I hear my friend in the Reform Party saying that is good. They say that it is good, that people should inherit vast amounts of money and pay no tax.
They support the notion that on income received from capital gains tax is paid on only 75 per cent. They say that is good. They say that certain people, particularly the wealthy people of the country, should get as much as possible. They say that is good because they work hard for it. That implies that other people do not work hard for their money.
Why is it that Reformers feel average working people produce the most if their are wages are low and they are hungry? Why do they feel if we pay them very poorly they will be out there working hard? Why do they feel the way to get working people to work is to pay them as little as possible? However, they feel that the way to get wealthy people working is to pay them the most possible.
Is there not some inconsistency in the logic of rewarding the wealthy so they will work but keep the wages of the poor and average working person as low as possible to encourage them to work? To me there is a bit of inconsistency in the argument of my friends in the Reform Party.
Today we are talking about Bill C-59. The speaker for the government went on at some length about how it was an effort to make the tax system fairer. It might be a slight baby step in that direction.
Let us take the whole issue of escort services. No one here knows anything about escort services, but if we look in the telephone book there are a number of pages listing escort services. It is interesting that our tax system says that escort services are tax deductible. I guess with some people it is a cost of doing business. I am not sure what escorts cost, but whatever the bill is it can be submitted as part of a tax return. It is called a cost of conducting business.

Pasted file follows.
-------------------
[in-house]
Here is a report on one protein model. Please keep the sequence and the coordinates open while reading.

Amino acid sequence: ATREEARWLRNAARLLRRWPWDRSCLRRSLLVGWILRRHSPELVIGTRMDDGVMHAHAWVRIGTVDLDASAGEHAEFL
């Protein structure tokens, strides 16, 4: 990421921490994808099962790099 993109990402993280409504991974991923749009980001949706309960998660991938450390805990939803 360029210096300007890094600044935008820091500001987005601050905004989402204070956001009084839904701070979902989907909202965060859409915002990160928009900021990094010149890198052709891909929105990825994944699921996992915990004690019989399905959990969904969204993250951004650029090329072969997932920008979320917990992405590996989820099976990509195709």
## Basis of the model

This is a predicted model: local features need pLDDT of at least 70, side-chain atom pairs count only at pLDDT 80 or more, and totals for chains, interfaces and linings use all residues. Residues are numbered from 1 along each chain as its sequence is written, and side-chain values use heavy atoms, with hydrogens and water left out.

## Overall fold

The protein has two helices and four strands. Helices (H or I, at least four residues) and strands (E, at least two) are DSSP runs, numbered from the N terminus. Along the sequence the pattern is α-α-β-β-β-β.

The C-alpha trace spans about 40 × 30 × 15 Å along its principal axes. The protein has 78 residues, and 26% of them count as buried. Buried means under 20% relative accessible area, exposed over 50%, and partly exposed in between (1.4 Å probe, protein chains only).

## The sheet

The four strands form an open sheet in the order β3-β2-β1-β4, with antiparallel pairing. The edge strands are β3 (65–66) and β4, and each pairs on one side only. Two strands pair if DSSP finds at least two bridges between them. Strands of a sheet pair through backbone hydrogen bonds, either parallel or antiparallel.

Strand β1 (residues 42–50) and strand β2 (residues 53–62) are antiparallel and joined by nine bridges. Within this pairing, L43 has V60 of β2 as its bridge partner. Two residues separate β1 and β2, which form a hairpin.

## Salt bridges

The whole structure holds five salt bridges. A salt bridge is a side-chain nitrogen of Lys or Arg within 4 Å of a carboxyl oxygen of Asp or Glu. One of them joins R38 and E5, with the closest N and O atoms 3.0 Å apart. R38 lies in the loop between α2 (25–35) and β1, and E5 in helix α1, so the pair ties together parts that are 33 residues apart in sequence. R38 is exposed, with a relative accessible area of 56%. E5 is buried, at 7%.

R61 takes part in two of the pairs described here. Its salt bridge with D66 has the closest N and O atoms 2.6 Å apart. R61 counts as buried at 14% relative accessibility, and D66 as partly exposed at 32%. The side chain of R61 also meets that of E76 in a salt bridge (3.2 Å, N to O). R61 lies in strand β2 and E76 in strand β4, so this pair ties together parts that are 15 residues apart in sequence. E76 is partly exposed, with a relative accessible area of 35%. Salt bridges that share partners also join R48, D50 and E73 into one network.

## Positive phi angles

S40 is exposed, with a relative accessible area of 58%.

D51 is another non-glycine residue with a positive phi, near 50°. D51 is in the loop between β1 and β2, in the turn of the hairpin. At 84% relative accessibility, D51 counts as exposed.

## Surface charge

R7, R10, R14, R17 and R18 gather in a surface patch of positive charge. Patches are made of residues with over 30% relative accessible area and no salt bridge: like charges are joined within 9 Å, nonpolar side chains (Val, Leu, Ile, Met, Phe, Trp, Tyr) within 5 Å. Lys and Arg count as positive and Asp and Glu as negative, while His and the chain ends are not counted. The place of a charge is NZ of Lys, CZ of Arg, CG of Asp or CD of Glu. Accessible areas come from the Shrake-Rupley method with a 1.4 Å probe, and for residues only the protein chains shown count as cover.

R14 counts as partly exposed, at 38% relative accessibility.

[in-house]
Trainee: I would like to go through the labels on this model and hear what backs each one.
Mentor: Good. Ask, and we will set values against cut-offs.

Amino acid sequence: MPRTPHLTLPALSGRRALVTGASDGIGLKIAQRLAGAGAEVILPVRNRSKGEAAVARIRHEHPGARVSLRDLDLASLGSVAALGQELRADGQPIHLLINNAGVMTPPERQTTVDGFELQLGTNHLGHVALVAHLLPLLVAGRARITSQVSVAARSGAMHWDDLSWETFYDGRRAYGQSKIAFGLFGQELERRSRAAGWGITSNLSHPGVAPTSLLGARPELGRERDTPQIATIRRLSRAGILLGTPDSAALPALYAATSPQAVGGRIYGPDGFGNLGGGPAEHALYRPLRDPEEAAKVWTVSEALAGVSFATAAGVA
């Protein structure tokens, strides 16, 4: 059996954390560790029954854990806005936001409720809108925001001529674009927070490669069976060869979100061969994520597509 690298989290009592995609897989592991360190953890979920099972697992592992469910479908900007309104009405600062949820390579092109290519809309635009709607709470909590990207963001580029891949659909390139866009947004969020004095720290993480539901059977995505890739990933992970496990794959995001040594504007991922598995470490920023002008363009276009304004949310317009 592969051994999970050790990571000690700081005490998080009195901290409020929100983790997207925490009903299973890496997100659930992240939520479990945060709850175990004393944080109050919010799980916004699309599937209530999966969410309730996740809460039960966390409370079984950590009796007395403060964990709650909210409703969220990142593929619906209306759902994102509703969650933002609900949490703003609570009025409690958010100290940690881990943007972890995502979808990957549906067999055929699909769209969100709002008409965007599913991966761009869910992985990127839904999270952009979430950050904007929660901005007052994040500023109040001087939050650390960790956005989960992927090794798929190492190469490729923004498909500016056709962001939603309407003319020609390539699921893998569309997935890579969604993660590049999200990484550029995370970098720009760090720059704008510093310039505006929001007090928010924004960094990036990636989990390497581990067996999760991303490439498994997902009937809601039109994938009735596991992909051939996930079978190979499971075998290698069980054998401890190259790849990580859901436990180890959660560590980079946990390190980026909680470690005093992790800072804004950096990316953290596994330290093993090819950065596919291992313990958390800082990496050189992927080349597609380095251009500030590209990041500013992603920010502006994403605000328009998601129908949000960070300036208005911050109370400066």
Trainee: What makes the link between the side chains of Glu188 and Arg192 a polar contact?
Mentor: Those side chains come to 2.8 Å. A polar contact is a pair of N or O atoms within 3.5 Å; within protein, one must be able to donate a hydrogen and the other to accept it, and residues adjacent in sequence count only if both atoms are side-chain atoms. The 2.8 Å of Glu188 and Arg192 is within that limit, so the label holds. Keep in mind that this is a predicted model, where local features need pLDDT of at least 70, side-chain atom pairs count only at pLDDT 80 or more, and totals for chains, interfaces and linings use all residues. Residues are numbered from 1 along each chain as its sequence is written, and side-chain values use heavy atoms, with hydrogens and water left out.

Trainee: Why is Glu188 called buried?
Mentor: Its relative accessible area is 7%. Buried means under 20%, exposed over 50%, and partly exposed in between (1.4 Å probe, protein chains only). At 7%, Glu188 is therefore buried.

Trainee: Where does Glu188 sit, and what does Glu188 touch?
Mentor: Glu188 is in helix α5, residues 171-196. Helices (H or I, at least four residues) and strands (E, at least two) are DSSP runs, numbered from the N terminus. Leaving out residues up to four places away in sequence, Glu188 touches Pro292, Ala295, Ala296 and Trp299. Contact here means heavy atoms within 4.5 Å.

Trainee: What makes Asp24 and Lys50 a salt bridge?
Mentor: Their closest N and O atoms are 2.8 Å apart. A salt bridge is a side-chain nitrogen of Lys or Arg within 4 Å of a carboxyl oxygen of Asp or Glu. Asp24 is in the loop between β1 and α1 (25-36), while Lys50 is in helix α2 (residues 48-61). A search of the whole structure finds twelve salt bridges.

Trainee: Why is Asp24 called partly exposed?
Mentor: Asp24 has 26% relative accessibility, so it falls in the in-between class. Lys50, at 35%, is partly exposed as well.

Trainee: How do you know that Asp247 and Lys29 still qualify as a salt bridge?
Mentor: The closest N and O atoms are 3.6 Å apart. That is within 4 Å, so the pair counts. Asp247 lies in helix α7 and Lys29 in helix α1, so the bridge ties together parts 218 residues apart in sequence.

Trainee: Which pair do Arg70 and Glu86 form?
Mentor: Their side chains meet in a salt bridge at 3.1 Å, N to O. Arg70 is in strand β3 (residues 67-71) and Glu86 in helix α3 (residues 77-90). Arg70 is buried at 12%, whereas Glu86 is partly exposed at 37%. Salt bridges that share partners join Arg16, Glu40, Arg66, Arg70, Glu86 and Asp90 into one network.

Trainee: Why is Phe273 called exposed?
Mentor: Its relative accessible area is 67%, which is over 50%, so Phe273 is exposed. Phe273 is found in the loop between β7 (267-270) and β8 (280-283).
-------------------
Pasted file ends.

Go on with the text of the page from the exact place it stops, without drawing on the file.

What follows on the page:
When the question was recently put to national revenue officials, they said they have to change it, it is getting a little questionable in terms of a legitimate tax deduction. However if the escort service is called a bodyguard or a tour guide it is acceptable. We have some interesting concepts here in terms of what a bodyguard or a tour guide might imply.
Nevertheless the reality is that simply by using a little creative commenting on an income tax return, escort services and entertainment of that type will be tax deductions. Is this reasonable? Is this acceptable to the people of Canada? My suspicion is that it is not.
My hon. friend talked about the business tax deduction moving from 80 per cent to 50 per cent. Should we not distinguish between various kinds of business costs? I do not think anybody here would argue that business people getting together over a dinner, lunch or breakfast to discuss a transaction or a business arrangement is a legitimate cost of doing business.
However, as I said earlier, is an escort service deduction a legitimate cost? Is the annual fee for a box in a sports stadium a legitimate cost of doing business? Is purchasing a yacht to entertain clients a legitimate cost of doing business? Is choosing the Bali Hilton or the Waikiki Hilton as the place for an annual meeting a legitimate cost of conducting a business?
I know a number of people who own large boats, sailboats, launches and racing boats. They are business tax deductions and are used for entertaining clients.
Is a hunting lodge or a fishing camp a legitimate business deduction? I suppose we could say in some cases it is, but enough is enough. My hon. friend stands and tries to say that part of the changes to the Income Tax Act will be to bring fairness back into the system by removing the deduction-